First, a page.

Elizabethan Society : High and Low Life, 1558-1603
The reign of Queen Elizabeth I (1558–1603) marked a golden age in English history. There was a musical and literary renaissance, most famously and enduringly in the form of the plays of Shakespeare (2014 marks the 450th anniversary of Shakespeare’s birth), and it was a period of international expansion and naval triumph over the Spanish. It was also a period of internal peace following the violent upheaval of the Protestant reformation.
Wilson skilfully interweaves the personal histories of a representative selection of twenty or so figures – including Nicholas Bacon, the Statesman; Bess of Hardwick, the Landowner; Thomas Gresham, ‘the Financier’; John Caius, ‘the Doctor’; John Norreys, ‘the Soldier’; and Nicholas Jennings, ‘the Professional Criminal’ – with the major themes of the period to create a vivid and compelling account of life in England in the late sixteenth century.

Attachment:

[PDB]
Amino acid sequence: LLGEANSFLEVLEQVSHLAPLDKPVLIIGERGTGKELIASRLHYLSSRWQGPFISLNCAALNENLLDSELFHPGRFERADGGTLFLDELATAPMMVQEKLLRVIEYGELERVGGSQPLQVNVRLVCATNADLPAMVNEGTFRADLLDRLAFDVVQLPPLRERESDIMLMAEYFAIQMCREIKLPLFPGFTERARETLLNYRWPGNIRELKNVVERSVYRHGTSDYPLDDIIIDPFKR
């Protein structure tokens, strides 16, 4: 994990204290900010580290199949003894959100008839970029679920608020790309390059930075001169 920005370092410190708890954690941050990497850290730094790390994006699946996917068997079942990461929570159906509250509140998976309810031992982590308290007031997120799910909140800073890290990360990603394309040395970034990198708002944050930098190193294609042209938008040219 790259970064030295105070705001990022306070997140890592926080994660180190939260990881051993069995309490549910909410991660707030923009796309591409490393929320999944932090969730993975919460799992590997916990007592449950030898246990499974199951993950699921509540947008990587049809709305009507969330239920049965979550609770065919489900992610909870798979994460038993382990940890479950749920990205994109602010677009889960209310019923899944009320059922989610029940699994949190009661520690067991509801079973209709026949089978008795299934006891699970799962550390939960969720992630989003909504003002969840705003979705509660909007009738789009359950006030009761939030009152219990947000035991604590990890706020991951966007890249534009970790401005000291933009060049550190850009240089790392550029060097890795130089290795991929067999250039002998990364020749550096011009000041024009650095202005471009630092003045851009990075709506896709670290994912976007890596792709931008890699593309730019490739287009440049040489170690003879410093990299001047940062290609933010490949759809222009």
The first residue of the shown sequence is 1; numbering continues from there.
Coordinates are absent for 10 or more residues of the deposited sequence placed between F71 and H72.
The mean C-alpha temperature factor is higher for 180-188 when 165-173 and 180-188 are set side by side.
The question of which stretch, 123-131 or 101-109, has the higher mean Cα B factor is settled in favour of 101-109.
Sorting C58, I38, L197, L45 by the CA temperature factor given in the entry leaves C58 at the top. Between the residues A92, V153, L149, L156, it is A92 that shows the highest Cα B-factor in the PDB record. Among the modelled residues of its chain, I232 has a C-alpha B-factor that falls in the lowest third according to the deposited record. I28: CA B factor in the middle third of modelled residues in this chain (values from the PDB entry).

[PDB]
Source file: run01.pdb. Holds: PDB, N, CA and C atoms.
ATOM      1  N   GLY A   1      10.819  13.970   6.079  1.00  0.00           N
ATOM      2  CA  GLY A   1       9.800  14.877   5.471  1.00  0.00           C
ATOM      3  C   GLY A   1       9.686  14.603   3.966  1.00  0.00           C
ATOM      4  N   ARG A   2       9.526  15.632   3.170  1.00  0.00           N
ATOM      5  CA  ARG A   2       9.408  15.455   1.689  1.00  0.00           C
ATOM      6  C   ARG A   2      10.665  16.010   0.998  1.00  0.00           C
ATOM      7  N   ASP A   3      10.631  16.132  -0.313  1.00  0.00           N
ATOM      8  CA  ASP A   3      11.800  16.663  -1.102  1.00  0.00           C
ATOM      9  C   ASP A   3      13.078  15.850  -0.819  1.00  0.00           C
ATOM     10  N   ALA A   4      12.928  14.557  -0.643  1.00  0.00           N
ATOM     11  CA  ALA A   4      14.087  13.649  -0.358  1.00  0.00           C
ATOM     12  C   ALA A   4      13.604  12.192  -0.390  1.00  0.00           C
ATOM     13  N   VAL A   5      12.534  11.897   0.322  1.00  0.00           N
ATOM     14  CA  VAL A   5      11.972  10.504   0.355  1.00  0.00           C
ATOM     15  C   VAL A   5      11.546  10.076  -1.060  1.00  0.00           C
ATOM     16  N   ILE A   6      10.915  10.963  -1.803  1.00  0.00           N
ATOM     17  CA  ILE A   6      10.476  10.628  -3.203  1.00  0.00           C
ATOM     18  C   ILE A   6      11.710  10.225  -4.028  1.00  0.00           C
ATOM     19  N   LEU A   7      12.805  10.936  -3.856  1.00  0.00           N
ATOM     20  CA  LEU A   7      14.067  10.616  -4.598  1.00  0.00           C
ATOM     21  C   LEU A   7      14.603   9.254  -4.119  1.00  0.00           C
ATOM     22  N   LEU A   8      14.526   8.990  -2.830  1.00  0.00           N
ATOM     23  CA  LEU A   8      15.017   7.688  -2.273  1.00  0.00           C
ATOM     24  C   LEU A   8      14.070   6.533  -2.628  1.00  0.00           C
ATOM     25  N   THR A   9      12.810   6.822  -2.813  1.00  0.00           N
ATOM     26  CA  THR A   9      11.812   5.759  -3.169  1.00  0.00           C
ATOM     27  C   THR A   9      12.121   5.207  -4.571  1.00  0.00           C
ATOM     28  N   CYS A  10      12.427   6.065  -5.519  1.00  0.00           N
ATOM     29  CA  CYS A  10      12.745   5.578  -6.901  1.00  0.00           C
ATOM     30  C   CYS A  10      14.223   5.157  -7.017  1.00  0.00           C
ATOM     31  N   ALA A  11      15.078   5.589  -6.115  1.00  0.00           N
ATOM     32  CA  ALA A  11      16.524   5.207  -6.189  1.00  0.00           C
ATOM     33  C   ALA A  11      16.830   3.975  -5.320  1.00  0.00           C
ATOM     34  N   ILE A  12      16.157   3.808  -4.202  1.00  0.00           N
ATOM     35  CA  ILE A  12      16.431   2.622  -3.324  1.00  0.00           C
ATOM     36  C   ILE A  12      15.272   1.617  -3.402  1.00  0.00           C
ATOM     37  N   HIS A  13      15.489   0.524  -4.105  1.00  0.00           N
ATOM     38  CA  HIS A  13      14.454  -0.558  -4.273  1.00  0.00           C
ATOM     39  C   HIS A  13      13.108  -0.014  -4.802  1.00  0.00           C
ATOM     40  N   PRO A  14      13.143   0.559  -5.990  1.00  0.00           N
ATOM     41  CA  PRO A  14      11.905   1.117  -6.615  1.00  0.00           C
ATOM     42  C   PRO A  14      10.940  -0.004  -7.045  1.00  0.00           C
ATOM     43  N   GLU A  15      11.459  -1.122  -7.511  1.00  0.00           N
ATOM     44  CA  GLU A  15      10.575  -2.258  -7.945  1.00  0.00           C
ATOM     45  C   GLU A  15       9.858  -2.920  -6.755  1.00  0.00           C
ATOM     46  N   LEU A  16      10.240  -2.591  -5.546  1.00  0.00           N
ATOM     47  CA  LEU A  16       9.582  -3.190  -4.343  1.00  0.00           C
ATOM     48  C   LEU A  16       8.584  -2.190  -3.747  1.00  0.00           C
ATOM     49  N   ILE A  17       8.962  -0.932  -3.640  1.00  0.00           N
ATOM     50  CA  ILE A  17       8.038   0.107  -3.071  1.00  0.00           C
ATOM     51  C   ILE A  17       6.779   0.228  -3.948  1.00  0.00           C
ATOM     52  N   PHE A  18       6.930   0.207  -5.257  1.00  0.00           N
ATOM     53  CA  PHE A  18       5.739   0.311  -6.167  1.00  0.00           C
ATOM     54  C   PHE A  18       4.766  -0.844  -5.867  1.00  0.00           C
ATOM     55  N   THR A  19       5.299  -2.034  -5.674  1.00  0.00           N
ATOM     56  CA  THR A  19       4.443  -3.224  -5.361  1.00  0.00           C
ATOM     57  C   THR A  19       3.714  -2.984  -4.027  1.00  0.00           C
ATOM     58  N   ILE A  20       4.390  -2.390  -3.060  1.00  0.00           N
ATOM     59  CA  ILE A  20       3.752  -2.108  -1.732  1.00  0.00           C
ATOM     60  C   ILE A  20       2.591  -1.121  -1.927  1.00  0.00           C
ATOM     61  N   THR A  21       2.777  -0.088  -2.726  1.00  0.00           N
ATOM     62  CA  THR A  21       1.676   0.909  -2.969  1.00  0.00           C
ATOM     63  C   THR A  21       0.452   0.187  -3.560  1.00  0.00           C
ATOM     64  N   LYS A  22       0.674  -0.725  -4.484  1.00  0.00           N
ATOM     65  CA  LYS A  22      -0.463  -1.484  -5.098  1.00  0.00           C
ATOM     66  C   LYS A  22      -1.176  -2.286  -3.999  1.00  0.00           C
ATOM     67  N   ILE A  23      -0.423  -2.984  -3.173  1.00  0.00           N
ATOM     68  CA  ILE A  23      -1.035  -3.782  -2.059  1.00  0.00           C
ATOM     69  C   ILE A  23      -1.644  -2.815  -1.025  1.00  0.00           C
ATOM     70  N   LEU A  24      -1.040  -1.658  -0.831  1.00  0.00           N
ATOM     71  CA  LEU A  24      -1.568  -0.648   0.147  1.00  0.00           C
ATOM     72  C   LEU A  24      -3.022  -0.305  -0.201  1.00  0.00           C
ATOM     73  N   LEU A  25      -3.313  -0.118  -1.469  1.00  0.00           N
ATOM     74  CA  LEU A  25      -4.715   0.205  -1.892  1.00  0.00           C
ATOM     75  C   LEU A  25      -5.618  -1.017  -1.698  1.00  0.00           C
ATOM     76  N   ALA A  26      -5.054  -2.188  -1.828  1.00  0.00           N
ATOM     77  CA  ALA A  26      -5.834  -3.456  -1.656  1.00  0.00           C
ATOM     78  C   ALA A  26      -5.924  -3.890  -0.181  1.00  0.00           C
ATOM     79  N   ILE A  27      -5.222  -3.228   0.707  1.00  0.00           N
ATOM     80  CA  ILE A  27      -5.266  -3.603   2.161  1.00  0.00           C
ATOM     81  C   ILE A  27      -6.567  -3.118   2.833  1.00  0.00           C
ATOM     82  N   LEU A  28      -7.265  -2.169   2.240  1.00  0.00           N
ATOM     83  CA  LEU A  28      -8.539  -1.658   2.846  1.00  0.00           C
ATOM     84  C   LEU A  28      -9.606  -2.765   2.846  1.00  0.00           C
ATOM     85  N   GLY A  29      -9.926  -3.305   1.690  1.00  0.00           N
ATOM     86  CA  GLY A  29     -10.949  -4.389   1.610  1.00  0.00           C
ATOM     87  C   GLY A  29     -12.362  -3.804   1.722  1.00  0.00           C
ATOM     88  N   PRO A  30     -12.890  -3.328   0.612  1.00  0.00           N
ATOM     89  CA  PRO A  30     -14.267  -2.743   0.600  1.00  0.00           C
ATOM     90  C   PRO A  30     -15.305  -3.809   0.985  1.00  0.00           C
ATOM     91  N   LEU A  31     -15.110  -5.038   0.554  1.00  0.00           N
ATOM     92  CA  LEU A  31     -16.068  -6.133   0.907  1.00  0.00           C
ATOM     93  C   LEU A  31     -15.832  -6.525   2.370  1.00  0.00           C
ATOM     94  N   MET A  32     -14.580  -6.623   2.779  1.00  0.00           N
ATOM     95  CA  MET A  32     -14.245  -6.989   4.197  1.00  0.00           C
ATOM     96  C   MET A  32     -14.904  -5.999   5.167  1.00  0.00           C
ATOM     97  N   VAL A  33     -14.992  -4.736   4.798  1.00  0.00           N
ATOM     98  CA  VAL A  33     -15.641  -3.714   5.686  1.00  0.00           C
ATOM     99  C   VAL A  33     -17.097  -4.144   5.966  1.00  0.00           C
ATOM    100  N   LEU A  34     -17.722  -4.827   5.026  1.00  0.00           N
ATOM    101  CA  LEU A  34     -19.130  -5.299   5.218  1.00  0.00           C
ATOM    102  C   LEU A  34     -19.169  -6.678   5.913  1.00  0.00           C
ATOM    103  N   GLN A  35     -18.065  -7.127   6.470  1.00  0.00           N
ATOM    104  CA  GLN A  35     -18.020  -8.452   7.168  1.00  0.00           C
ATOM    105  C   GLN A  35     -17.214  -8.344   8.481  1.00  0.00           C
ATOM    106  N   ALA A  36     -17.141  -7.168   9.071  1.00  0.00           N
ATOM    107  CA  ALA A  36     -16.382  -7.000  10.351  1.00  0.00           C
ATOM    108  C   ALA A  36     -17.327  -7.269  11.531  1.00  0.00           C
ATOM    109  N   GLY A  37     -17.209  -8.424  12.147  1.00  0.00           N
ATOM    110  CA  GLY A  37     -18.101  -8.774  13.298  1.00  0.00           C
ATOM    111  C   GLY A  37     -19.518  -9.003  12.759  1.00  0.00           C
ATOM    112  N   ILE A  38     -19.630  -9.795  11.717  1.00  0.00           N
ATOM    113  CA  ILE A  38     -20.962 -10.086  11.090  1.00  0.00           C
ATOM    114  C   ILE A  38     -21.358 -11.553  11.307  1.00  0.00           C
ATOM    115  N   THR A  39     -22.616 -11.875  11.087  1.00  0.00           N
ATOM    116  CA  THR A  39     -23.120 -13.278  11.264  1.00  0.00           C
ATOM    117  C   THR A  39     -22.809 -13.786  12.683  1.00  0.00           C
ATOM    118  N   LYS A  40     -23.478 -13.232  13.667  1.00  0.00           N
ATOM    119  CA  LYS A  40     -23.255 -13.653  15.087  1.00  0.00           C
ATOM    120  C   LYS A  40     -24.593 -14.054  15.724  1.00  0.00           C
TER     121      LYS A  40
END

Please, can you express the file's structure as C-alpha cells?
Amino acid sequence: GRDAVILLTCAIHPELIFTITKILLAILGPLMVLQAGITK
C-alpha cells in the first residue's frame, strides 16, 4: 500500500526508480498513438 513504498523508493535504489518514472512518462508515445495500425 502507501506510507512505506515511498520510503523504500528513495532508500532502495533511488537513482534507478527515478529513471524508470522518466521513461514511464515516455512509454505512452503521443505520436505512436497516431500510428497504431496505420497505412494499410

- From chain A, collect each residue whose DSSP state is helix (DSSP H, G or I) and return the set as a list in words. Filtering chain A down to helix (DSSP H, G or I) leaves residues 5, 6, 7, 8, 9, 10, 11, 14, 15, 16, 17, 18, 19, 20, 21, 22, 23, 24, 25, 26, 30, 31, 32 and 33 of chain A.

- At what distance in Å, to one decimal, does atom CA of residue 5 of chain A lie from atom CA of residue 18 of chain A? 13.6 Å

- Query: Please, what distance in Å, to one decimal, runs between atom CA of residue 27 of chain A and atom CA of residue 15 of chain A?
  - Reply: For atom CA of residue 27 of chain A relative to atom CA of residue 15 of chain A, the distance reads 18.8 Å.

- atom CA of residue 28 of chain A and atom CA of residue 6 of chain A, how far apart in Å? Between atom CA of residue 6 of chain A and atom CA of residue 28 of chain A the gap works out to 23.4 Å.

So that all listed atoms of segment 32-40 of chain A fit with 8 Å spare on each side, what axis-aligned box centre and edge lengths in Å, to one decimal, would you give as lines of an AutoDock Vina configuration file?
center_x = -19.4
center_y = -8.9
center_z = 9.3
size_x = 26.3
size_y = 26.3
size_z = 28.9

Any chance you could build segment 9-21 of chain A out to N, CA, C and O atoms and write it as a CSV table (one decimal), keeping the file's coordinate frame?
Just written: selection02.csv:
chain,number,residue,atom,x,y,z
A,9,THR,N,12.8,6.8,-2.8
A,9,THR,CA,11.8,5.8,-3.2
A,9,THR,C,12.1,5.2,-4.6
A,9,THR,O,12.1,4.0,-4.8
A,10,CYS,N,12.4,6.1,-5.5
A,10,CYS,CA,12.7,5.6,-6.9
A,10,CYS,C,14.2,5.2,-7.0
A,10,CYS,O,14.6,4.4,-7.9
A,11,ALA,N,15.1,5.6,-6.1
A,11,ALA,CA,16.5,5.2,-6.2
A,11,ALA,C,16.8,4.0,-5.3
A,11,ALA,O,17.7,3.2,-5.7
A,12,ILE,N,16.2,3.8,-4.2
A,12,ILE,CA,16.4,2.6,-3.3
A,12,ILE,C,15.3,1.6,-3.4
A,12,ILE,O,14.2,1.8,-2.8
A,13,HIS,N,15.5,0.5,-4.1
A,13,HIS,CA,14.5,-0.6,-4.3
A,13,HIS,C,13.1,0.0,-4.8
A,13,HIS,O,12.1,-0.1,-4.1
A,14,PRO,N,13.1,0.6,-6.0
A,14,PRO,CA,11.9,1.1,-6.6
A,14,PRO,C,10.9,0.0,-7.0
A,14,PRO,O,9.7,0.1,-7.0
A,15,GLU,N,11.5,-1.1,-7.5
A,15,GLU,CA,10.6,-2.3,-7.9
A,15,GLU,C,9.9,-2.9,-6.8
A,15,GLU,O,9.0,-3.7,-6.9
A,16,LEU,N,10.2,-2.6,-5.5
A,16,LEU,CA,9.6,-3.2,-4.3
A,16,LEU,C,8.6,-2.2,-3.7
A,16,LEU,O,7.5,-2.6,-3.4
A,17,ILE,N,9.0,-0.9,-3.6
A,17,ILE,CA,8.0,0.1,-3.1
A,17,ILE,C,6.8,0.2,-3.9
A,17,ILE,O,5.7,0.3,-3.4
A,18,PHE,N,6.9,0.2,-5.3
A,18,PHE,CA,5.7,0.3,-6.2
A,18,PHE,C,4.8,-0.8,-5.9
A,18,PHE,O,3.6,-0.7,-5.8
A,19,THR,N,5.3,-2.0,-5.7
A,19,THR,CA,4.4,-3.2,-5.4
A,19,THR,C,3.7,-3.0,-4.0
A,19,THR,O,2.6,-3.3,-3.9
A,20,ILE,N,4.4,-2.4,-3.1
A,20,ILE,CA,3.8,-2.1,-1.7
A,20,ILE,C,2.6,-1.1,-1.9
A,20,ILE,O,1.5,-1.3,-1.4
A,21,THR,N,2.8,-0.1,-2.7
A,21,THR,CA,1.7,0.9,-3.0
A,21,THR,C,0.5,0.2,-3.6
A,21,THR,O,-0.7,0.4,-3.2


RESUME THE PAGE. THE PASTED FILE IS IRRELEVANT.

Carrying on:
This is emphatically not yet another book about what everyday life was like during the Elizabethan Age. There are already plenty of studies about what the Elizabethans wore, what they ate, what houses they lived in, and so on. This is a book about Elizabethan society – people, rather than things. How did the subjects of Queen Elizabeth I cope with the world in which they had been placed? What did they believe? What did they think? What did they feel? How did they react towards one another? What, indeed, did they understand by the word ‘society’? What did they expect from it? What were they prepared to contribute towards it? Some were intent on preserving it as it was; others were eager to change it.
For the majority, life was a daily struggle for survival against poverty, hunger, disease and injustice. Patronage was the glue that held a strictly hierarchical society together. Parliament represented only the interests of the landed class and the urban rich, which was why the government’s greatest fear was a popular rebellion. Laws were harsh, largely to deter people getting together to discuss their grievances. Laws kept people in one place, and enforced attendance in parish churches.
In getting to grips with this strange world – simultaneously drab and colourful, static and expansive, traditionalist and ‘modern’ – Wilson explores the lives of individual men and women from all levels of sixteenth-century life to give us a vivid feel for what Elizabethan society really was.